Lancelot and Arthur at the Corner Bodega: A Flash Fiction

Lancelot and Arthur at the Corner Bodega

by Marc Alexander Valle

 “If you step on the line,” Terry said, “it’s a laser, and it’ll cut your legs off.”

“Yeah?” Eddie said.

“So we gotta jump them.”

“Are we fighting evil knights?”

“No, just lasers.”

“Okay.”

They never used lasers before, but Eddie had seen them in a movie, and he thought they were the most dangerous weapon. He liked the idea. So the boys walked over one sidewalk line to the next.

Terry’s movement was fluid. He’d step over the line, then he’d have to hop the next one or two. Eddie took his time, hopping over one, then stepping forward a bit until he’d hop the next line.

Last week, they dodged arrows, and Eddie got shot in the knee, so Terry claimed.

“The most painful place in the world to get shot in,” Terry said. “We’re out of commission. The queen is dead.” Eddie decided to practice his jumps every summer day since that event. He felt that he was prepared this time.

Terry pulled ahead.

“Wait up,” Eddie said.

“Come on,” Terry said.

“Wait up.”

Terry stopped.

Eddie continued to hop and step just a bit faster, but not too fast.

“Eddie, come on. There’s gators.”

“What?”

“Alligators behind you.”

“Alligators?!”

Eddie hopped and stepped faster. He’d seen alligators on television, and he feared what they called “the death roll”. Concrete block by concrete block, he began to find a flow and a groove. He could sense the gap between the gators and himself widening behind him. He caught up to Terry. “Where are we going?” he said.

“Around the corner,” Terry said. “To the store.”

“For what?”

“I want a 5-Nougats.”

“I can’t do this that far.”

“You want a Swill Stick?”

“Yeah.”

And they continued, hopping and stepping. Eddie fell behind. Terry stopped and waited, then started again. They continued around the corner and approached Stephanie and the jump rope girls. He knew Stephanie from class and liked her and thought she’d be impressed with his new jumping skills. He once gave her a valentine with a knight drawn on it. His caption read, “I’ll save you, princess.” Eddie jumped as far as he could and nearly touched dog poop. He checked to see if Stephanie saw, but she continued to count the girl’s jumps.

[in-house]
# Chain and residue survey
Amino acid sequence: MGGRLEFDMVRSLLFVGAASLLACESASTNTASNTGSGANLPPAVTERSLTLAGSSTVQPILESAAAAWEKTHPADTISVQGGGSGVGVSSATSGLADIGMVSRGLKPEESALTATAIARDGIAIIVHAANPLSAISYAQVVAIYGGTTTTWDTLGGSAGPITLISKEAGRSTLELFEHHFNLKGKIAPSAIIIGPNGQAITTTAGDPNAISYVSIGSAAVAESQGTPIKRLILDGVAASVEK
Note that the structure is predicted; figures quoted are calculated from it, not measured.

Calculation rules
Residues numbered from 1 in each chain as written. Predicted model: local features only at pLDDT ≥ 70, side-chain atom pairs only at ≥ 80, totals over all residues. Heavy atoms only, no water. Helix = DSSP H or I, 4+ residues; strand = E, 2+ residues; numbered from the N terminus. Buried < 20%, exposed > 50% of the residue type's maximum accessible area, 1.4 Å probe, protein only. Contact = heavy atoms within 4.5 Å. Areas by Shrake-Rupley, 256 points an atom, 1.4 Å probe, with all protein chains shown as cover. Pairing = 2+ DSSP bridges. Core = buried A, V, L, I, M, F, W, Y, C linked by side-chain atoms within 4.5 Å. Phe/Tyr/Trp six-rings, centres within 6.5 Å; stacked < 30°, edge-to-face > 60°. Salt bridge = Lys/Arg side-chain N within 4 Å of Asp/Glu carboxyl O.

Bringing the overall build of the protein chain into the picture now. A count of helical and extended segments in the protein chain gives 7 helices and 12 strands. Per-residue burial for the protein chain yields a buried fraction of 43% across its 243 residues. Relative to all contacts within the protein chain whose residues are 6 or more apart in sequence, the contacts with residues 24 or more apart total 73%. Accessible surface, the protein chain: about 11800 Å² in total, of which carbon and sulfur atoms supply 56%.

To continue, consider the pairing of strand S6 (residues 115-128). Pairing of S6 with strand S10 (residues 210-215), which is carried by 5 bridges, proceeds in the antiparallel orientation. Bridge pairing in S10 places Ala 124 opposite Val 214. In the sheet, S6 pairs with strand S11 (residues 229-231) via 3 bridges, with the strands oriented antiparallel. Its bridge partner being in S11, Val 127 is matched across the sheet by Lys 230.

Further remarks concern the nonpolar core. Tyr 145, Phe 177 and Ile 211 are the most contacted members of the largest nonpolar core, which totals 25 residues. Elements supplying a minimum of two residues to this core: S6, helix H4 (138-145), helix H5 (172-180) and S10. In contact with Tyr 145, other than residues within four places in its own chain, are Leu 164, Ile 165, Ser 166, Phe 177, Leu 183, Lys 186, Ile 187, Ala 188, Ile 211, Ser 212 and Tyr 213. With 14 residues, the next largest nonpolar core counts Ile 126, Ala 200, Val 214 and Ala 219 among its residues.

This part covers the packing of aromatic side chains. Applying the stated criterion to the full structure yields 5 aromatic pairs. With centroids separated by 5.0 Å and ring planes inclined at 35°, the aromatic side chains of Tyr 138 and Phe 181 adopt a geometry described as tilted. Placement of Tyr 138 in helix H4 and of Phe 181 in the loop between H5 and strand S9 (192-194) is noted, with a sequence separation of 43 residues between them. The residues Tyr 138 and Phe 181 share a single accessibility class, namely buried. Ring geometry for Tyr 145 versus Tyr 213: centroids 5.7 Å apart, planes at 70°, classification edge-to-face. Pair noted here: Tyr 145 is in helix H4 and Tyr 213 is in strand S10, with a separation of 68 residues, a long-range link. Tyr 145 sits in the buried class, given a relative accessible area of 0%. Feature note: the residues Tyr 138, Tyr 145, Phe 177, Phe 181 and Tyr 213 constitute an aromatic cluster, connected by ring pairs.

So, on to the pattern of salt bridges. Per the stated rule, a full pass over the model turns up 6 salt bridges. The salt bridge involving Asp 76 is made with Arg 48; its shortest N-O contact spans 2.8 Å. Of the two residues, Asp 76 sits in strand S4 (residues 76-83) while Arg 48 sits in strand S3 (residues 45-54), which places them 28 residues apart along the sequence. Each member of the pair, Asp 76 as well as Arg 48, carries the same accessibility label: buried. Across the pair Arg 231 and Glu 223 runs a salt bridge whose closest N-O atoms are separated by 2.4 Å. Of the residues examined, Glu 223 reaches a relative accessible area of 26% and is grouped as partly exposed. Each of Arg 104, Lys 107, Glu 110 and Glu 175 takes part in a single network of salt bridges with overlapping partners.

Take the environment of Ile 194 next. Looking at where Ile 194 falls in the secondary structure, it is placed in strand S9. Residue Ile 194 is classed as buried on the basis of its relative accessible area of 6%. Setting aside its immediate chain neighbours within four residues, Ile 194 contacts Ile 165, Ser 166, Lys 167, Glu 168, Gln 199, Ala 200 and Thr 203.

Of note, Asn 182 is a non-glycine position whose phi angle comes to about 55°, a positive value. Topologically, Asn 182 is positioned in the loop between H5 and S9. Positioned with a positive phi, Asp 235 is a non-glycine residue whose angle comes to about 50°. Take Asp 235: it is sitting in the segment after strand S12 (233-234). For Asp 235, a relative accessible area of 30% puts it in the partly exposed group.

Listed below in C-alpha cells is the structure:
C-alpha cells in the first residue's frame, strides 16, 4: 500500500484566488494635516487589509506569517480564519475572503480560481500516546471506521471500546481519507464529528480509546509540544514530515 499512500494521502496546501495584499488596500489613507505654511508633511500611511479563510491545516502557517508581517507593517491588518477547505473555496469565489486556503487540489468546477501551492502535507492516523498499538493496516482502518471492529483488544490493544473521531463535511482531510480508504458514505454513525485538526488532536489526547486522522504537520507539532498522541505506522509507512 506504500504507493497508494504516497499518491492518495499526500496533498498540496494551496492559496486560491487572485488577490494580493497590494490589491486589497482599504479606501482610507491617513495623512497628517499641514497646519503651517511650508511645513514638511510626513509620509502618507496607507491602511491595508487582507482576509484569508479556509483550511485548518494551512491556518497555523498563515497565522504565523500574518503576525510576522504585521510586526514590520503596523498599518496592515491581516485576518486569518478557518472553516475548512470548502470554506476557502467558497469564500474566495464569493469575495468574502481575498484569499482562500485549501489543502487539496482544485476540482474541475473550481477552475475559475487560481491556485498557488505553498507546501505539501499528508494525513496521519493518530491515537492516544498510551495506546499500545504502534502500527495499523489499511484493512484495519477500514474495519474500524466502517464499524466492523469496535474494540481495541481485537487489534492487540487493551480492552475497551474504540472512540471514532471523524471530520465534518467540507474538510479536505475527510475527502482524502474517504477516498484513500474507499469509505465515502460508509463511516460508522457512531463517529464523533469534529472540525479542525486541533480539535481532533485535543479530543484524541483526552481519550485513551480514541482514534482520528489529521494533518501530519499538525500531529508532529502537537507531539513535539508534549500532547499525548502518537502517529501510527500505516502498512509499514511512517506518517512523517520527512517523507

Eddie continued. Neither boy stepped on a line.

Eddie caught up to Terry. Terry looked ahead. He could see the sign for the corner store up the block.

“Alright,” Terry said. “No more lasers.”

“No?”

“No. See that house? That’s a sniper’s nest. It’s got Nazis in it.”

“What are Nazis?”

“You remember Uncle Jimmy?”

“Yeah.”

“He used to kill them. Now they want to kill us. So we can step on the lines now cause they don’t need lasers anymore, but we gotta run. Real fast. On three.”

“But you said lasers.”

“Yeah, but Nazis now.”

“What about the alligators?”

“No, just Nazis. So here we go. Three..two…one.”

But Eddie stood still, looking at the sidewalk.

“I said let’s go,” Terry said, looking back.

Eddie shook his head.

“Come on. They’ll blow your head open.”

Eddie shook his head again.

“You want to get blown up?”

Eddie shrugged his shoulders.

“It’s just for now,” Terry said, touching Eddie’s arm.

“I thought you said lasers.”

“Yeah but for now.”

“Yeah but lasers.”

This wasn’t the first time Terry changed the rules. But it was the first time Eddie insisted on following the previous instructions.

“I’ll get you a soda,” Terry said.

Eddie put his head down.

“And a mystery bag of candy.”

Eddie looked up.

“Or a bag of gummies.”

Eddie’s eyes opened wide, “Okay.”

They ran. They ducked. Terry yelled commentary on the sniper’s fire. Eddie lagged just a little behind. But not too far.

They made it to the store.

“Alright, just a regular size bag of gummies,” Terry said.

Eddie nodded.

“And a small soda.”

Eddie nodded.

“And don’t tell mom about the soda. Finish it before you get there.”

Eddie nodded again. Terry turned to the steps of the store.

“I win,” Eddie said.

“What?” Terry said.

“You got no legs!”

“What?”

An ice cream truck turned corner down the street. Eddie could see Stephanie and the jump rope girls stop, then run toward their row home. The sidewalk was clear now, and Eddie estimated that there must be one-thousand lines and cracks on the ground. This was the most he’d ever jumped. Sweat began to bead on his forehead. He turned to Terry whose eye brows were crunched down, waiting for a reply.

“Nothing.”